After reading and praying over the scripture readings for today, we really wanted to make our post for today 100% positive about some recent good things in the news. But then we saw the Globe article about the freezing of the lay pension plan, and our hopes for a completely non-critical post were dashed.
From the first Reading
Is 35:1-6a, 10: “The desert and the parched land will exult the steppe will rejoice and bloom. They will bloom with abundant flowers, and rejoice with joyful song….Here is your God, he comes with vindication; with divine recompense he comes to save you. Then will the eyes of the blind be opened, the ears of the deaf be cleared; then will the lame leap like a stag, then the tongue of the mute will sing. Those whom the LORD has ransomed will return and enter Zion singing, crowned with everlasting joy; they will meet with joy and gladness, sorrow and mourning will flee.
- The second annual Advent “God of This City” tour reached about 2,000 young people across the 5-night tour in 5 locations throughout the archdiocese. The aim of the tour is to reach young people through different ways of prayer, silence, dynamic music, Eucharistic adoration, the Sacrament of Confession, and in the preached word of God.
- “The Light is on For You“, the weekly Sacrament of Reconciliation initiative begun in Lent, returns for Advent. Every parish and chapel in the archdiocese will have confessions available for the next two Wednesday evenings, December 15 and 22, from 6:30pm-8pm. In the Pilot article, Cardinal O’Malley wrote, “Some parishes experienced high numbers of penitents throughout the Lenten season, others reported that participation increased each week and that many people came on the final nights.” Even parishes that had a lower turnout reported great spiritual value of hearing the confession of just one person who had been away from the Sacrament and the Church for a long time.
- The Globe reported on the confession initiative with an article whose title is self-explanatory. Need to find a Catholic church on the go? The Archdiocese has an app for you. In other words, there is a new iPhone app out from the archdiocese to help people find a Catholic church any time and any where. This would be especially useful if you are looking for confession in a location other than your local parish.
Looking ahead to next weekend, Women Affirming Life is holding their Advent Mass and Breakfast Forum with Cardinal O’Malley (who is now back from Paraguay) next Saturday, December 18, from 8am-11:30am at the Four Points by Sheraton Norwood hotel. Tickets are only available in advance, not at the door. For more information, click here.
Alas, but then there was the Globe article of today, Archdiocese to end lay pension plan. We could spend an entire post on the freezing of the lay pension fund, and probably will. But we could not end the day today without calling Chancellor McDonough out for the rather flagrant mis-statement about employees not having gotten raises in 4 years. The Chancellor was quoted as follows:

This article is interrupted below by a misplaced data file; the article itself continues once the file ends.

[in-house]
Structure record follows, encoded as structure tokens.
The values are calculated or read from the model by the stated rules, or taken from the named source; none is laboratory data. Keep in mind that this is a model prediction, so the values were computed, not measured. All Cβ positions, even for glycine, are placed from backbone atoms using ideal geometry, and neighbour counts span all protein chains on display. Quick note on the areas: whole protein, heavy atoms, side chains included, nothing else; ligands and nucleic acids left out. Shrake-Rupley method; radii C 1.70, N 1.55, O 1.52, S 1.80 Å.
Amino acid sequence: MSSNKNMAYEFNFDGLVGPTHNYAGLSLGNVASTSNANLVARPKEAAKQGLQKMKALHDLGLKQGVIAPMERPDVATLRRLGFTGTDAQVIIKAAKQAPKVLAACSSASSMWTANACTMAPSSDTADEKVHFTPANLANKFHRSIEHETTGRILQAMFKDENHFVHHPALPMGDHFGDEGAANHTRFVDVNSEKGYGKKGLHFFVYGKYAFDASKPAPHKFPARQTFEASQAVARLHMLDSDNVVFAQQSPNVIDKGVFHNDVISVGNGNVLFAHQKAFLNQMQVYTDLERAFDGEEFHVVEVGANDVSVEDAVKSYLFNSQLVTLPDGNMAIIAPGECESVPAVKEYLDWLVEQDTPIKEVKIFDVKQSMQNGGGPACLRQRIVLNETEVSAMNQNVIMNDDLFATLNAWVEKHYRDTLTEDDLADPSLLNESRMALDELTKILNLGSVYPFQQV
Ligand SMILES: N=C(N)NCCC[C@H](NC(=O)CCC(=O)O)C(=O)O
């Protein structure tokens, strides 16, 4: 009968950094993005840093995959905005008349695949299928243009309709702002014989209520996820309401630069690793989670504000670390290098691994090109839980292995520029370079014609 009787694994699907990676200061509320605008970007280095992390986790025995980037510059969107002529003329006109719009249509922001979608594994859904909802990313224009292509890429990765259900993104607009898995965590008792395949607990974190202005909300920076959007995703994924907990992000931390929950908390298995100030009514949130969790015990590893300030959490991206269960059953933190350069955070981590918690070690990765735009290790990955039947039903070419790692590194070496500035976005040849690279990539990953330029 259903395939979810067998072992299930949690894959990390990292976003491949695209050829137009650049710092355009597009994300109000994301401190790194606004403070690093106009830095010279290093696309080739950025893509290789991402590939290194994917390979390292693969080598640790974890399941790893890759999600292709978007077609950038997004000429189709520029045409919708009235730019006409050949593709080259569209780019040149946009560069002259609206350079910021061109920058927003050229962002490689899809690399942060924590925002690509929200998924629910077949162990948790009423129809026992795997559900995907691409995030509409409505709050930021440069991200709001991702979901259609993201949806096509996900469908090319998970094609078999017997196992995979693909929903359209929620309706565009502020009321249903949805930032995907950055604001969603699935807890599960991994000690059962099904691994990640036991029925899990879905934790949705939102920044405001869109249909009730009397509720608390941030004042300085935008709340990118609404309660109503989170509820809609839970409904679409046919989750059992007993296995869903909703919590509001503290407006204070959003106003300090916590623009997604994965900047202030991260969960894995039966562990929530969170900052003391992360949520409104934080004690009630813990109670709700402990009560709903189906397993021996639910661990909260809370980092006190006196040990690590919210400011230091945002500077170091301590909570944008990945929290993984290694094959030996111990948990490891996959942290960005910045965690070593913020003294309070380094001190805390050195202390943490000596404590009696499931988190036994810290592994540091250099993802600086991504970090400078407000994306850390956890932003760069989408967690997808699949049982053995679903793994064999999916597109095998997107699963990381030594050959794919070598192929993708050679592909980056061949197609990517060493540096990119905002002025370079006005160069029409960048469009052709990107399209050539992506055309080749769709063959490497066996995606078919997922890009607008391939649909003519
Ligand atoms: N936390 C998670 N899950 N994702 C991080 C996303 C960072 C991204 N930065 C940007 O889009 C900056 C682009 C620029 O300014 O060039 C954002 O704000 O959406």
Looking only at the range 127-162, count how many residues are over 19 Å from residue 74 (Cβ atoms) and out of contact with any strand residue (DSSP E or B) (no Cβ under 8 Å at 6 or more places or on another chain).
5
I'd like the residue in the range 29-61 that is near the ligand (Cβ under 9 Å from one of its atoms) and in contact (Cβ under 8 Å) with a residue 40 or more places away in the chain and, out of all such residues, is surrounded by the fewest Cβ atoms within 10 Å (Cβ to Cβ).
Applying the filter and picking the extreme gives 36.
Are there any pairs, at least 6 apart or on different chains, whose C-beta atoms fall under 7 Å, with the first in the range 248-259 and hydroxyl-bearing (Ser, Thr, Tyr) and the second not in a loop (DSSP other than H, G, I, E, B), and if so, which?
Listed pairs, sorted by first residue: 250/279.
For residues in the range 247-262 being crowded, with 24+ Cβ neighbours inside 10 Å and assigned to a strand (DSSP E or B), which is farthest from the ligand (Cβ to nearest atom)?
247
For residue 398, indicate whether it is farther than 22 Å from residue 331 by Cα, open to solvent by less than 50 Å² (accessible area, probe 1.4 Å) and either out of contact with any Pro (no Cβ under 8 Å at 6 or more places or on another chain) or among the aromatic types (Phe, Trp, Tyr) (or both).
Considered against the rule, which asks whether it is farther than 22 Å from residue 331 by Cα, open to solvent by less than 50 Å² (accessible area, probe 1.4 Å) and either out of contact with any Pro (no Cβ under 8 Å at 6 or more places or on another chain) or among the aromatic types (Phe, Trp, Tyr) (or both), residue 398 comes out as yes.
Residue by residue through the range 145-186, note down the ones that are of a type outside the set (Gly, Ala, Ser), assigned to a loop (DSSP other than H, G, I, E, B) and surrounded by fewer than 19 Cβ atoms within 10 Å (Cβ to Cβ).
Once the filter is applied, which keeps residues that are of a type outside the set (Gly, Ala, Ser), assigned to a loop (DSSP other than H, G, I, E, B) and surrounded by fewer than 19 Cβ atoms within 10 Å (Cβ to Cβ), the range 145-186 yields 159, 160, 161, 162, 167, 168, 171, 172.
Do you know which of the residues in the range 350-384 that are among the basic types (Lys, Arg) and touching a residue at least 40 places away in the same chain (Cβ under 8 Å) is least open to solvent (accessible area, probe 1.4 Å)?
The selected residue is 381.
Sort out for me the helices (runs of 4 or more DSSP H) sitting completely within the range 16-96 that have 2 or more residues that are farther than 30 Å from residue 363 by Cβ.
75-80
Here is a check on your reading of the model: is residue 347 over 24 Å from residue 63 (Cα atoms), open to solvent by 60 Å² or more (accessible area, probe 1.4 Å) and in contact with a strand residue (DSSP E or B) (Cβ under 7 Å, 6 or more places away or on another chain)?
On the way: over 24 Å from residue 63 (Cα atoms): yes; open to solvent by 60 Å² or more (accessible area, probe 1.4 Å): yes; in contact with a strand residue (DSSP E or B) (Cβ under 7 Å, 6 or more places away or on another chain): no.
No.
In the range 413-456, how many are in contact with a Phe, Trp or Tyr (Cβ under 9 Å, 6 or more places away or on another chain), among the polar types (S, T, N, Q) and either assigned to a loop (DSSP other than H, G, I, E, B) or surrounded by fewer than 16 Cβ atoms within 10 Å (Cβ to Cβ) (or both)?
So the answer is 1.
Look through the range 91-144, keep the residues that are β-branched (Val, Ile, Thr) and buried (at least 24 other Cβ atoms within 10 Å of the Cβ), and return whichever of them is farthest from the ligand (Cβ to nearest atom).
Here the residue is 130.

“McDonough said it could take many years for the pension fund to become fully funded again, but when it is, the church hopes to redirect the money it had been paying toward stabilizing the fund toward other employee benefits. He said employees have not had a raise in four years.”
Apparently either the blog is not doing a very good job of communicating information, or people just have so much going on during this busy holiday season that they do not have time to remember the facts. Our post of December 2, Finance Council Top Ethical Concerns: #4: Compensation–Six Figure Salaries, listed two employees whose raises between 2006 to 2009 were published in the archdiocese’s annual report.
Terry Donilon was paid $160,000 in the fiscal year that ended June 2006, and he was paid $166,000 in the fiscal year that ended June 2009.
James Walsh was paid $137,523 in the fiscal year that ended June 2006, and he was paid $185,270 in the fiscal year that ended June 2009.
Math may have not been our strongest subject in school, but we do not think it takes a Ph.D. in quantitative analysis or economics or even background in banking to understand that these two people did in fact get raises during the past 4 years.
We understand there were a lot more raises given out than these two, but these two are publicly cited in the annual reports, so it seems to us like the Chancellor should have not have made such a mistake. Coincidentally, we just now happened to think once again about Luke16:10:
The person who is trustworthy in very small matters is also trustworthy in great ones; and the person who is dishonest in very small matters is also dishonest in great ones.
We have sent a note to the Globe reporter, Lisa Wangsness, concerning this error and will also send one to the Chancellor.